Department of Biological Sciences


Professor Akhtar Ali is the recipient of a new five-year, multi-institution, USDA grant to study diseases of cotton, corn and wheat. Ali’s lab will focus on developing techniques for early detection of cotton pathogens and disease. The total award is $578,000.


Professor Ron Bonett recently was awarded a third year of funding for a grant from the Oklahoma Department of Wildlife Conservation to study the “Distribution, Diversity, and Ecological Limits of the Ouachita Dusky Salamanders in Oklahoma.”



True Determination: TU PetroBowl team takes first place at regionals

The University of Tulsa PetroBowl team won the Society of Petroleum Engineers North American Regional Qualifier February 3 in Houston, Texas. TU competed against 20 teams in this fast-paced quiz competition, defeating UT-Austin for first place.

The TU PetroBowl team celebrates first place with its winning bracket.

As regional winners, TU team members and petroleum engineering students Juan Diego Comella, Umer Farooq, Blazej Ksiazek, Misael Morales and Luke Moran are invited to compete at the Society of Petroleum Engineers (SPE) Annual Technical Conference and Exhibition (ATCE) World Championship in Calgary, Canada, next fall. Farooq, captain of the TU PetroBowl team said, “We go very hard on preparation, but we know the potential is out there from the other teams as they are the best of the best from colleges all across the world. But (when we went to Houston), we did our thing, it went really well, and we were No 1.”

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The PetroBowl competition coordinates student SPE chapters to battle against each other in a series of quick-fire questions. Four-member student teams compete in petroleum engineering trivia, including technical and nontechnical industry-related questions. The PetroBowl was founded by the Society of Petroleum Engineers International.

Each member of the team studies a category of the questions to make rehearsing easier. Farooq, a-soon-to-be Ph.D. degree graduate in petroleum engineering, studies reservoir and formation evaluation. Comella focuses on drilling, production and general knowledge, in addition to SPE history. Morales concentrates on geology and geophysics and Moran on drilling and well completions. Ksiazek is a sophomore and the current alternate for the team as well as the TU SPE PetroBowl chair, concentrating on drilling and general knowledge in addition to SPE history. Mike Stafford, faculty instructor in petroleum engineering, is the SPE PetroBowl faculty adviser for the TU team.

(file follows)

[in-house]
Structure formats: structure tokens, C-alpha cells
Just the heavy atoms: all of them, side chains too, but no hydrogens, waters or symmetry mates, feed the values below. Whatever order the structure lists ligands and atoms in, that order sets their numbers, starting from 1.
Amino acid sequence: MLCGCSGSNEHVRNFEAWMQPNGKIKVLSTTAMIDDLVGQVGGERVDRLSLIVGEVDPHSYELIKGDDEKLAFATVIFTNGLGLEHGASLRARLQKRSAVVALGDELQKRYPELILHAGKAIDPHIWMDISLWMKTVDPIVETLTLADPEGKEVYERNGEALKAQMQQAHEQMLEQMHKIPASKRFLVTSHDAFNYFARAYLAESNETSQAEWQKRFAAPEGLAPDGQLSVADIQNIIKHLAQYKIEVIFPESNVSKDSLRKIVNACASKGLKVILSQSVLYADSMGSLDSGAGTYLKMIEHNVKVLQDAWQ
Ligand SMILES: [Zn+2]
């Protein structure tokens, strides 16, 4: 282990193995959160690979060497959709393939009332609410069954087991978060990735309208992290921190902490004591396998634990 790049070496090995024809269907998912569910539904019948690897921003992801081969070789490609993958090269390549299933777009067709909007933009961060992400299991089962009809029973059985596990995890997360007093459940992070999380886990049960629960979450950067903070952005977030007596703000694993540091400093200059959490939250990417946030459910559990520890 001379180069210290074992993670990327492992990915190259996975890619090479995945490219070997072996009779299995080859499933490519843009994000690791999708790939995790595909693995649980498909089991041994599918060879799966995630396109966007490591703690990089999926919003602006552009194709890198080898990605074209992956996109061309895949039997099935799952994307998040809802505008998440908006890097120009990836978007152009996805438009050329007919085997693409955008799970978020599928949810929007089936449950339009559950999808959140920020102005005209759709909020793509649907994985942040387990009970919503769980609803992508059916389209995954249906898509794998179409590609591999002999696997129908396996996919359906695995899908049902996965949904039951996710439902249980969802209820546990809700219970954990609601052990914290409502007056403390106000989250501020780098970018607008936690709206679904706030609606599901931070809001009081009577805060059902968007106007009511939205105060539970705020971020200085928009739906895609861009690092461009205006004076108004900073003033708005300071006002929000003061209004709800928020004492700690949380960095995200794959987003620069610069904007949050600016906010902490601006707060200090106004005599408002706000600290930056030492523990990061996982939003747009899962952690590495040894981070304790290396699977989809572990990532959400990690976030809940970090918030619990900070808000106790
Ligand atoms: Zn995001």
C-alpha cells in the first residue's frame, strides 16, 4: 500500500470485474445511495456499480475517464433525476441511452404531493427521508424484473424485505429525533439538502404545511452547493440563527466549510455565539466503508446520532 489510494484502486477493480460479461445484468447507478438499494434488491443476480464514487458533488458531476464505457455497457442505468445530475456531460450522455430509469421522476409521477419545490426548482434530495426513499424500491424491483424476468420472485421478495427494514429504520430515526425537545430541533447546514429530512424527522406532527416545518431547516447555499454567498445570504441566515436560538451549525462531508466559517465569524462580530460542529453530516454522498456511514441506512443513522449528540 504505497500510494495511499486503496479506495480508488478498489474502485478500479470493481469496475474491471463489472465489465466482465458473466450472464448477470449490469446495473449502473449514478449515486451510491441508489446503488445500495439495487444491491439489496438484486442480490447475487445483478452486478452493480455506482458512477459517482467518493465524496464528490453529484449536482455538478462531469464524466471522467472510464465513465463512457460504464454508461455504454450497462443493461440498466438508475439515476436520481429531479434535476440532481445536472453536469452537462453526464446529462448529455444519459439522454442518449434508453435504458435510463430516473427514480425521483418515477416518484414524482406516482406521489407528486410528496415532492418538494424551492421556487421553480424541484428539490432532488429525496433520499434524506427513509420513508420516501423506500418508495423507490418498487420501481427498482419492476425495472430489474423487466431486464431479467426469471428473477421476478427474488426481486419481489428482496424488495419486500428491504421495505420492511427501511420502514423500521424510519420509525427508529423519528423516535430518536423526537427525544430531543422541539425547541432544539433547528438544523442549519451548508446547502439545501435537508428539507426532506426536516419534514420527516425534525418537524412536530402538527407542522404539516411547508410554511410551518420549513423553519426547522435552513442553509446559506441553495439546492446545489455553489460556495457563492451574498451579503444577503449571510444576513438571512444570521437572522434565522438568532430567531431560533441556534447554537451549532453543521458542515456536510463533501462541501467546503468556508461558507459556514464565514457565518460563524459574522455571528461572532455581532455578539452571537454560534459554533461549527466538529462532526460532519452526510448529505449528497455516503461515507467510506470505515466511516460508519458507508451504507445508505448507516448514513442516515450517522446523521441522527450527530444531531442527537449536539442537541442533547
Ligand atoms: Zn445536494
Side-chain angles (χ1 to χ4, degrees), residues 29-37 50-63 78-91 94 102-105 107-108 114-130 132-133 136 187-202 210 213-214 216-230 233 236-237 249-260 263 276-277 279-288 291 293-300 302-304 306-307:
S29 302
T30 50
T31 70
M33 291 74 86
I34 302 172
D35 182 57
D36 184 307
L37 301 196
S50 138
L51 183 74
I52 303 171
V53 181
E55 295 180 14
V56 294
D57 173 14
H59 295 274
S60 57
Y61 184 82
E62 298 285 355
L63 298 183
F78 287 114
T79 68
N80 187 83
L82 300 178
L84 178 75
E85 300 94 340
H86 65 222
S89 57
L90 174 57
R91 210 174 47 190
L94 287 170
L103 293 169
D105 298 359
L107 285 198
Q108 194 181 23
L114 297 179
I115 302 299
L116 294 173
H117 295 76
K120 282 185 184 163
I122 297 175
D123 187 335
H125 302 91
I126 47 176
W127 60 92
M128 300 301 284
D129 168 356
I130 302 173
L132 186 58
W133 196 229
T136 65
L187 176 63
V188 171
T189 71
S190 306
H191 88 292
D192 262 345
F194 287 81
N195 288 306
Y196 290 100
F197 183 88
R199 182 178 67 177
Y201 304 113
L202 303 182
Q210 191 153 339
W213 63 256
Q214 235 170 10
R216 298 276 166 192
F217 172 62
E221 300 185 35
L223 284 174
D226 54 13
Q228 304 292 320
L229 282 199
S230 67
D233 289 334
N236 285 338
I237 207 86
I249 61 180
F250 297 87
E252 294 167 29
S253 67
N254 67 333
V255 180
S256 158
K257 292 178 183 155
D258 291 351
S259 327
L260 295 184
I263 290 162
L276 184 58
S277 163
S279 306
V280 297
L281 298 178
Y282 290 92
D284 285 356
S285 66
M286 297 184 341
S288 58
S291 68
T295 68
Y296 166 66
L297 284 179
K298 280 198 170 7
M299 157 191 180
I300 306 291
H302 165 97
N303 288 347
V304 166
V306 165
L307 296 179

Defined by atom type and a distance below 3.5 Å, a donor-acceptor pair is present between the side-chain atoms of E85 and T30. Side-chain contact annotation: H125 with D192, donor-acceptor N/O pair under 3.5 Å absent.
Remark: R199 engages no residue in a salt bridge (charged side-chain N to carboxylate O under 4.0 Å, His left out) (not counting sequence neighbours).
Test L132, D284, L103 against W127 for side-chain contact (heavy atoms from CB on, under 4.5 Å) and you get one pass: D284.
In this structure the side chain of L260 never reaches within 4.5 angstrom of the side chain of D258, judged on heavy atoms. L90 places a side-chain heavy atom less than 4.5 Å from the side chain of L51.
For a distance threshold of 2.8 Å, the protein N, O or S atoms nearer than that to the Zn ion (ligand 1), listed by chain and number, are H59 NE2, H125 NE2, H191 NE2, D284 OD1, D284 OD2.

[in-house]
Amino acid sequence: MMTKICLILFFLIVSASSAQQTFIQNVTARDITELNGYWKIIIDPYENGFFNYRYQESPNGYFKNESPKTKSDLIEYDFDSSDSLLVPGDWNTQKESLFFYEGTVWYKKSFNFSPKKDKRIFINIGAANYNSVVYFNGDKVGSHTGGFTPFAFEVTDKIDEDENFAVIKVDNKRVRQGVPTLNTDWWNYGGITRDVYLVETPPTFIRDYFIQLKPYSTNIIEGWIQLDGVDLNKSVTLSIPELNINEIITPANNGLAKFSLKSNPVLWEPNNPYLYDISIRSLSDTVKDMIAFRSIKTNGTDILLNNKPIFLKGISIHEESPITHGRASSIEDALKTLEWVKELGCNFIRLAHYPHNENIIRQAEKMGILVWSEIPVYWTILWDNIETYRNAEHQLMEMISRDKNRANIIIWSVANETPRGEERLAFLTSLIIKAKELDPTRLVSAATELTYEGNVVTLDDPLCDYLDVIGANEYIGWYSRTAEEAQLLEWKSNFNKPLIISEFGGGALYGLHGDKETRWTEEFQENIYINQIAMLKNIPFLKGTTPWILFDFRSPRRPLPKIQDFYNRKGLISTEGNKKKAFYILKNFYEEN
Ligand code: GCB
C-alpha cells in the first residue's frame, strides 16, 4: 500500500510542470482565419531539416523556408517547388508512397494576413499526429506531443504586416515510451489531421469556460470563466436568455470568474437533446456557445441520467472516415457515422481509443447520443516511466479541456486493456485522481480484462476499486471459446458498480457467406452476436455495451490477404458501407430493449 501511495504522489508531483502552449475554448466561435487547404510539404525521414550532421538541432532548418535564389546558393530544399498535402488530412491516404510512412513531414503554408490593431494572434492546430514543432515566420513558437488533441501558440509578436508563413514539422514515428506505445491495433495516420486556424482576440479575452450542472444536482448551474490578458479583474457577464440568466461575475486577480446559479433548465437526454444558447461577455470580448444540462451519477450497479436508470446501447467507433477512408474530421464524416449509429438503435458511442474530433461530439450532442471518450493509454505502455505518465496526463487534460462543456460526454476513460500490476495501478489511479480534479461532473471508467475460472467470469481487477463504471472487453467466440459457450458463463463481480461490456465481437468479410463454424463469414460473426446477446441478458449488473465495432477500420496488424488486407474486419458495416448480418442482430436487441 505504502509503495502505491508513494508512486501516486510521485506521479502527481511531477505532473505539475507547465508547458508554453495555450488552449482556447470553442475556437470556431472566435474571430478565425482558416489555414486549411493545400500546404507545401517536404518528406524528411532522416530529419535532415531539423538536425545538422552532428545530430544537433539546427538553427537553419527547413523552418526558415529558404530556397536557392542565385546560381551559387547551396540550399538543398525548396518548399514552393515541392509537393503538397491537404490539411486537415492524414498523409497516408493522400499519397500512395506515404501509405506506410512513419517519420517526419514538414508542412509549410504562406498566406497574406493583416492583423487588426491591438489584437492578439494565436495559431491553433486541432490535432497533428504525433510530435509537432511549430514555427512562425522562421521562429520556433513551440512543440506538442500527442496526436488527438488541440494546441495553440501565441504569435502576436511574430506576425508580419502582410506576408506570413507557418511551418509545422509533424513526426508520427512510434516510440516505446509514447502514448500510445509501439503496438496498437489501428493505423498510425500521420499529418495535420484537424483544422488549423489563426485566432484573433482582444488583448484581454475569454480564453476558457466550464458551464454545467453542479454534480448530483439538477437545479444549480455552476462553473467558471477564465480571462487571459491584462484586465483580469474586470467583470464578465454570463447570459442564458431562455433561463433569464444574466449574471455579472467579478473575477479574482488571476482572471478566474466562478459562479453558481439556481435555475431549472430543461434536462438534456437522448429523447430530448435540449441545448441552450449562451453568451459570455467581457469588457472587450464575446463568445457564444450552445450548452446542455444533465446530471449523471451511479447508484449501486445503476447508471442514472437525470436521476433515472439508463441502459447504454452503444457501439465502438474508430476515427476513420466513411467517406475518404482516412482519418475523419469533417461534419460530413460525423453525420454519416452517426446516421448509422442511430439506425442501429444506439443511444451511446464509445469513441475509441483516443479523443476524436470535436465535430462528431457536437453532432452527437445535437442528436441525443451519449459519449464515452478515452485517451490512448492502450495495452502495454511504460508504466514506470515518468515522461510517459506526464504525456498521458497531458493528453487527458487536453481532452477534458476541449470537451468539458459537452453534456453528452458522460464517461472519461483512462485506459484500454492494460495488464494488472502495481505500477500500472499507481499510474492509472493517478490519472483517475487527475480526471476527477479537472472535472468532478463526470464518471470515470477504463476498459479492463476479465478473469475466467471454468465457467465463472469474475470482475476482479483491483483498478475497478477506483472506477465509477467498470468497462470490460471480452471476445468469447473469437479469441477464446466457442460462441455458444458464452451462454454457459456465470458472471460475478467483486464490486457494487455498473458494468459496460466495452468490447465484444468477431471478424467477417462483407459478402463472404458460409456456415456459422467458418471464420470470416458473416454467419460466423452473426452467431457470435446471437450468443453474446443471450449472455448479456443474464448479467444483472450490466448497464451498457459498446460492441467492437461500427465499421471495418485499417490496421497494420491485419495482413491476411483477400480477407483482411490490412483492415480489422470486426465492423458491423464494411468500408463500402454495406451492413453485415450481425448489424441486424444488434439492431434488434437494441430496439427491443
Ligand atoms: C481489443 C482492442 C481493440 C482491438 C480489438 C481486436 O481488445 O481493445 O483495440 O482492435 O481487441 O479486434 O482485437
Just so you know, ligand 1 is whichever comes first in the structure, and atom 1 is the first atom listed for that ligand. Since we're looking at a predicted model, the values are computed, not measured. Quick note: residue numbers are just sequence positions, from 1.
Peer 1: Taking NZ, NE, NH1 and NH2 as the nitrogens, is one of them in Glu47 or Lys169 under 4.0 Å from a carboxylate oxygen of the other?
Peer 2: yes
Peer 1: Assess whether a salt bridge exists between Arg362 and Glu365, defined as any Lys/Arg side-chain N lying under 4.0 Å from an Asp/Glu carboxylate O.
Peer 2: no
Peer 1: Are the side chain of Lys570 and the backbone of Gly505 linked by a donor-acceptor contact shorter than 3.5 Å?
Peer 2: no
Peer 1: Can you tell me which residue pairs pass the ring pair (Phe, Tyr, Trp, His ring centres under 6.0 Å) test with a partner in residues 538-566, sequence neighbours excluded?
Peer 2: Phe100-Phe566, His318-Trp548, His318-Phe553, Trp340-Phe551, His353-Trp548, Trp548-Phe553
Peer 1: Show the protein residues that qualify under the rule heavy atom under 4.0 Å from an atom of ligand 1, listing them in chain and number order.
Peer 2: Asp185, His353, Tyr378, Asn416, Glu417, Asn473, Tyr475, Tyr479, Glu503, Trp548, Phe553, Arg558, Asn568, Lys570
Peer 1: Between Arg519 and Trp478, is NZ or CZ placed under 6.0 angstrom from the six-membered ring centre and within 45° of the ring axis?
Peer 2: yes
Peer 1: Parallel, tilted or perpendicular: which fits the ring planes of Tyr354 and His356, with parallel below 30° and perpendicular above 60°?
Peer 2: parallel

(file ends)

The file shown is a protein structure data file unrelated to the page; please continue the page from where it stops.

Left to right: Team members Blazej Ksiazek, Luke Moran, Misael Morales, Juan Diego Comella and Umer Farooq

Comella explains that Farooq is dedicated to the group’s success. “Our captain is really like a coach. He writes questions for us to practice and has been doing this for a while.” The team meets once a week until closer to competition when they begin meeting every few days.

“PetroBowl is important because it gives you contact with different people – different backgrounds, different years in school, different passions in petroleum engineering,” Ksiazek said. “You learn so much at TU with a petroleum engineering degree, but with PetroBowl you can learn even more about the field.”

Farooq agrees and said, “It’s a great way to represent TU on an international level.”

For the future, the TU PetroBowl team is brainstorming to create an internal PetroBowl event for just TU petroleum engineering students, similar to an event held in 2016. They also have an idea to create an A team and B team to recruit students for future competitions. “There’s a lot of talent at TU and this is a commitment, but we are looking forward to what’s next,” Farooq said. “I believe our team is very capable of clinching the victory in Calgary this fall.”